One of the nation’s largest utilities—Pacific Gas and Electric (PG&E)—has begun the process of deploying approximately 7,500 electric vehicle (EV) charging stations in northern and central California.
Merced College, in the San Joaquin Valley, is working with the utility to install the first 12 charging ports in the EV Charge Network program. This program, which runs through 2020, is in addition to the approximately 4,500 EV charging stations being installed by Southern California Edison (via a 1,000 station program that is fully enrolled, with construction expected to be complete in mid 2017) and San Diego Gas & Electric (via a 3,500 station program that is still taking applications, with construction likely to run through 2019).
All three programs partner with independent EV charging companies to help customers install charging stations at workplaces, as well as apartment complexes and other multi-family residential locations.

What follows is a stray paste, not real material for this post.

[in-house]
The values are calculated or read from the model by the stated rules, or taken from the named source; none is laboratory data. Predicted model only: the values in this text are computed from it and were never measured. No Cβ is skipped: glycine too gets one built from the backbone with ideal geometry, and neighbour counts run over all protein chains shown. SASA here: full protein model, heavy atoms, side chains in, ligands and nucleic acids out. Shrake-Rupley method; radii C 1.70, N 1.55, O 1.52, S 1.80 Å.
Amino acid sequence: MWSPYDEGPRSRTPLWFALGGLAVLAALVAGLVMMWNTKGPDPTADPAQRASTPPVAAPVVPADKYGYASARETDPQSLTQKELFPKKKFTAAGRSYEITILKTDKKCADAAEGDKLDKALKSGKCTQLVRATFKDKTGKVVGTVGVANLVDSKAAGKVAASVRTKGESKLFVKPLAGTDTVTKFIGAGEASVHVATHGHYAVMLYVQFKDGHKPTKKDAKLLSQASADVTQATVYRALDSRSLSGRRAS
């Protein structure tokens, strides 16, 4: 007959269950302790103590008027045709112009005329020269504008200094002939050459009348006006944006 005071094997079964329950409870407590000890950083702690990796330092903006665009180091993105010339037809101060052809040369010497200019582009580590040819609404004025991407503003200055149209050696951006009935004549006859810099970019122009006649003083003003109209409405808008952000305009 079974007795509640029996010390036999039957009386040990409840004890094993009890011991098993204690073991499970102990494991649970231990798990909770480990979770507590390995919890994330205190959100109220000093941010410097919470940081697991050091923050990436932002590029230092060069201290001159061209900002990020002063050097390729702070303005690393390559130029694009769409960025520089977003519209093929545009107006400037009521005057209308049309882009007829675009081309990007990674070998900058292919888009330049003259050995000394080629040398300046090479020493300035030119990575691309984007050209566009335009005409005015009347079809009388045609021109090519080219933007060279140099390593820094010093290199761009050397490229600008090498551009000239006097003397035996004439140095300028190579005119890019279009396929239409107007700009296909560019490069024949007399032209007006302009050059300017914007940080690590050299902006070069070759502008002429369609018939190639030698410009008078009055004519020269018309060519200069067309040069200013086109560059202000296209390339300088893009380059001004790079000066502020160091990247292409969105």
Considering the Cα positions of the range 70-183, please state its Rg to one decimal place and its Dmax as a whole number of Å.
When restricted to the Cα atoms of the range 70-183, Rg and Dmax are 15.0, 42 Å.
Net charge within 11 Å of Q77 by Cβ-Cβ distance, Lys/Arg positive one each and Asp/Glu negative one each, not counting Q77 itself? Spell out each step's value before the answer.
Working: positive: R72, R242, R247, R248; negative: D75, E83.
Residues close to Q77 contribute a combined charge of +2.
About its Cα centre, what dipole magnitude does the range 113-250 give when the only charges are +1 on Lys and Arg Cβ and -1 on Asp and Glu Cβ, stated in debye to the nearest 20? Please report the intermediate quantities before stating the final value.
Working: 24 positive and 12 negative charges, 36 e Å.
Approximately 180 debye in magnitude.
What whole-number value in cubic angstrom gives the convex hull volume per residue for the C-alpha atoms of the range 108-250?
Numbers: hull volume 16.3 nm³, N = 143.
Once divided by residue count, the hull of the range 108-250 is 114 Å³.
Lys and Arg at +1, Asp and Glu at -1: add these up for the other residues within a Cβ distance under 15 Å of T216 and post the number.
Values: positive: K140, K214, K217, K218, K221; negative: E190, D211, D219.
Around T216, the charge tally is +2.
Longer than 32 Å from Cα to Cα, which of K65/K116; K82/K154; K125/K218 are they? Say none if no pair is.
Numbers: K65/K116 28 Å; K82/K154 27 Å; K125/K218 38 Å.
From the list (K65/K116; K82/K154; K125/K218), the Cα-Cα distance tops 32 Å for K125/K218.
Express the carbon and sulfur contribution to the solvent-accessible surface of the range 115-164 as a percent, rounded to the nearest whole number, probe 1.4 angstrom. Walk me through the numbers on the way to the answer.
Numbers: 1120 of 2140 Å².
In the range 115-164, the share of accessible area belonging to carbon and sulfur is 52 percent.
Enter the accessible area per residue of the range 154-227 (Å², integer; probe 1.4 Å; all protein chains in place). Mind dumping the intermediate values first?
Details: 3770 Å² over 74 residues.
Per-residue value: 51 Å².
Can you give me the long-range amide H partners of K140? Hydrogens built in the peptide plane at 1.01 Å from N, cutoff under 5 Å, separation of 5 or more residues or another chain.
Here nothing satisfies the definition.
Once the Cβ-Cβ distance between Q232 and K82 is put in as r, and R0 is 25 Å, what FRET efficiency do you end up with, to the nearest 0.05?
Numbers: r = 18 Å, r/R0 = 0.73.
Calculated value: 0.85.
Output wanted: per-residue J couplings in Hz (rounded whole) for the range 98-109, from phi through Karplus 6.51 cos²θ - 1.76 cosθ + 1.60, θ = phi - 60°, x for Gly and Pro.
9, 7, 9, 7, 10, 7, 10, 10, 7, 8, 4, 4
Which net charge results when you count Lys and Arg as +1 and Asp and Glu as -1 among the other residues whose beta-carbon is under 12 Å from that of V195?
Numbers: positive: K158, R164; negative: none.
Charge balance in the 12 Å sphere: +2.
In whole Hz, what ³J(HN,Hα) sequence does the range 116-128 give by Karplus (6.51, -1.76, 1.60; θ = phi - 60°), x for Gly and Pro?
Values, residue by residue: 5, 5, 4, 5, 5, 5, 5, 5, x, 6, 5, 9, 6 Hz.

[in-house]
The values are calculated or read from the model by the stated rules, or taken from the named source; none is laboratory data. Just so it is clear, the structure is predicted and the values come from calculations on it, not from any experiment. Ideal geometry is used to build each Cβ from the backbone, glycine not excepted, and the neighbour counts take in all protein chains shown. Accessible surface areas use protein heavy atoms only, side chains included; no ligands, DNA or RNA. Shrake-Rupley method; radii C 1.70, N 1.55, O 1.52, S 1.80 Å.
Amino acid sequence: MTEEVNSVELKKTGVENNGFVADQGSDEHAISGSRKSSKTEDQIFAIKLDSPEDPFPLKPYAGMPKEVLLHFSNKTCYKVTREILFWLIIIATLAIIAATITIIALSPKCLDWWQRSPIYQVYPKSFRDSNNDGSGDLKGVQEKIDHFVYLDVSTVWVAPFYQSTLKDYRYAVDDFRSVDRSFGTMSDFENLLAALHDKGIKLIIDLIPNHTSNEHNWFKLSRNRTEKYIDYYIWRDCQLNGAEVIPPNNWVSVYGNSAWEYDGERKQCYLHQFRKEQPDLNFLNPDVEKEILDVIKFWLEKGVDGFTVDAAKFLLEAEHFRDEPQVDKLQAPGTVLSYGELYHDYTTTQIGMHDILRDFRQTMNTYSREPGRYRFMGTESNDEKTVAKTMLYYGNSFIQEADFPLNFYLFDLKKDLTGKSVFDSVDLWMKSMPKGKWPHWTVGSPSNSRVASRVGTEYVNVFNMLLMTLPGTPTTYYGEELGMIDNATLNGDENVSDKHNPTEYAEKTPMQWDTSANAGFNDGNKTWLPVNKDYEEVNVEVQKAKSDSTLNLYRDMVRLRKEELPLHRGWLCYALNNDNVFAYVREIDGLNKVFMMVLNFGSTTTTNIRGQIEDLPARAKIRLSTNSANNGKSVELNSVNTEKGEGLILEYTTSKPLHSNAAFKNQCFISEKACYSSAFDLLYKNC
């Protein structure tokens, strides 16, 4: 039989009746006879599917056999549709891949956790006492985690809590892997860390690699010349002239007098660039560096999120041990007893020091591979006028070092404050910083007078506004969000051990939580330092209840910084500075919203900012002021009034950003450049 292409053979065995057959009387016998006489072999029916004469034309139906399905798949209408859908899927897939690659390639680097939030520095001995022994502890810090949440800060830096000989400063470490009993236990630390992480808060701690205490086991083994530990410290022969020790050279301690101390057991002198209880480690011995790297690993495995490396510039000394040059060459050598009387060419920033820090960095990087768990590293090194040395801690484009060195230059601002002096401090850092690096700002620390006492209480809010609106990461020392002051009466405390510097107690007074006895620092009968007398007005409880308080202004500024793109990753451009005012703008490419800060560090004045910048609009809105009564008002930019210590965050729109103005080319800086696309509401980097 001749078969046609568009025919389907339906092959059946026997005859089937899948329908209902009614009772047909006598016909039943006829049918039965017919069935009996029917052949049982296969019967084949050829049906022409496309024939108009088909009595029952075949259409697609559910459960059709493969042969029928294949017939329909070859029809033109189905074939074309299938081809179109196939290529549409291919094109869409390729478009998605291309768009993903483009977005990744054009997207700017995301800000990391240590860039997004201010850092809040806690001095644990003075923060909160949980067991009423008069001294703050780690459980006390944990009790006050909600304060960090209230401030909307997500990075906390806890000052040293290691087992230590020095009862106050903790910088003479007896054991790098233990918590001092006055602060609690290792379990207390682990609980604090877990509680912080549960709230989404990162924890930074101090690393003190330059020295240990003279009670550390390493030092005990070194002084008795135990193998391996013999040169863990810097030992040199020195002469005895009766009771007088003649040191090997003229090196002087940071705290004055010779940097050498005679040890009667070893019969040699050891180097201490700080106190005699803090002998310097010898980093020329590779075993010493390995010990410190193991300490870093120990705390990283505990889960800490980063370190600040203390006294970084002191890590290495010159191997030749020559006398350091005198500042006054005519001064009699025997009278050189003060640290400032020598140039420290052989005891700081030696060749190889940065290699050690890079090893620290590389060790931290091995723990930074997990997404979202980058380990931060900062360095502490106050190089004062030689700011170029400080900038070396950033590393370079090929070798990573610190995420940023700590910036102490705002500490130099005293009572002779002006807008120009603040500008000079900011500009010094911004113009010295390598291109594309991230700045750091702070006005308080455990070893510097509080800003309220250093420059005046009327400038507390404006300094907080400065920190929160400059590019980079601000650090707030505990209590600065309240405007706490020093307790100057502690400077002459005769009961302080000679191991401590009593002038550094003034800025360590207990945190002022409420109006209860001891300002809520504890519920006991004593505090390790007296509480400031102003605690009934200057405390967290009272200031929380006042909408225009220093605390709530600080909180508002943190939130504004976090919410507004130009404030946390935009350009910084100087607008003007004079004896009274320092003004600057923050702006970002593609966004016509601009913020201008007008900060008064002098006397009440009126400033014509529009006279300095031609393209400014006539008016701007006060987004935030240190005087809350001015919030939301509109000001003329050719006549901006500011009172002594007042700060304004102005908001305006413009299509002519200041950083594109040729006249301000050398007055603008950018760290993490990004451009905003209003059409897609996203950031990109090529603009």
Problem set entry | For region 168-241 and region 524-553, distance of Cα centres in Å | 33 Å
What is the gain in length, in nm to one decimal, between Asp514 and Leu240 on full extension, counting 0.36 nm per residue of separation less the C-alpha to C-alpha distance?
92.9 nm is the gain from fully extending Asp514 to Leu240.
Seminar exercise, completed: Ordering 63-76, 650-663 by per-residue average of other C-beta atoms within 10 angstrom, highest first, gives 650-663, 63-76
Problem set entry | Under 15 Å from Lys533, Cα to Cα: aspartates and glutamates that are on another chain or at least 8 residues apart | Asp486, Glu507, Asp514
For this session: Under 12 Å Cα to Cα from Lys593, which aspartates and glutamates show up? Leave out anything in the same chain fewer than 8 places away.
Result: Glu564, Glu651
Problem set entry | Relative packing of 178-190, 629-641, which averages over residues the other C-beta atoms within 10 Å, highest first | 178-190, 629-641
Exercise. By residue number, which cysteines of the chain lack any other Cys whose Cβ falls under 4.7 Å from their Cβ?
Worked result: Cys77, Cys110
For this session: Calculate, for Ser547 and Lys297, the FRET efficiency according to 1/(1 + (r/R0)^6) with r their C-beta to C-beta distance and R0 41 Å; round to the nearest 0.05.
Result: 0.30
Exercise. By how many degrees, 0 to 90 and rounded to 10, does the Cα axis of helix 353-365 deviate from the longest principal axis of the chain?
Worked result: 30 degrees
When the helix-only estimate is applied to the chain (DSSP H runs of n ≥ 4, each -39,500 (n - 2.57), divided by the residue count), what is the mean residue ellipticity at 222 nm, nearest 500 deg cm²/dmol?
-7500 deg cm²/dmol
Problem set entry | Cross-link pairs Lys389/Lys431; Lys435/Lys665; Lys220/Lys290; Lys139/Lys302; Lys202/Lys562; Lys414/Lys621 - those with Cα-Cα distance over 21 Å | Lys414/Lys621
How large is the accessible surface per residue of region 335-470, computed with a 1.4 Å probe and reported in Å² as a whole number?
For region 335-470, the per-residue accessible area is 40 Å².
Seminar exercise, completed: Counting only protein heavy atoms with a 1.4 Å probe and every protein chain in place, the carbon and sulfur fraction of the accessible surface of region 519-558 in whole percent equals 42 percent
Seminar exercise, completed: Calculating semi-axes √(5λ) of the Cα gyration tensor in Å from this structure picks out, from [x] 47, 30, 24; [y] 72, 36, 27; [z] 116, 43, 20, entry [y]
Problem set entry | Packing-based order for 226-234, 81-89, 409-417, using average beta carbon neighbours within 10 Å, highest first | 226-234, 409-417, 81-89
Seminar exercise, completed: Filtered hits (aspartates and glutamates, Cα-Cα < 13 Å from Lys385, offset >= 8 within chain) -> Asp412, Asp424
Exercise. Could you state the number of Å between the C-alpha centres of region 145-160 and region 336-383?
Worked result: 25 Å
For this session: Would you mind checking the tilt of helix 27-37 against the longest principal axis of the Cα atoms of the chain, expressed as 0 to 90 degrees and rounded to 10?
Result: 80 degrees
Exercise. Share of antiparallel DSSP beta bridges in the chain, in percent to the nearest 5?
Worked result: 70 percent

The programs promise to deliver Californians cleaner air and a cheaper way to run their vehicles. By matching EV charging to hours of the day when wind and solar generation are plentiful, the program will also lower the costs of meeting California's goal of procuring at least half of its electricity from renewable resources by 2030.
The utility programs aim to educate customers as to the benefits of driving on electricity and fill a need for charging infrastructure at workplaces, apartment complexes, and other locations where cars are parked for most of the day. This combination should tap pent-up demand for EVs outside of single-family homes, increase the number of miles driven on electricity, and ensure that cars are plugged in when solar and wind generation peak.
These programs will be soon followed by 15 different pilots that were recently approved by the California Public Utilities Commission and which target cars, trucks, buses, cranes, airport equipment, forklifts and other things that move. And the commission is expected to rule on another $1 billion in full-scale programs to electrify transportation as required by state law in May, 2018. For more, see CA Moves to Electrify Cars, Trucks, Buses & Other Stuff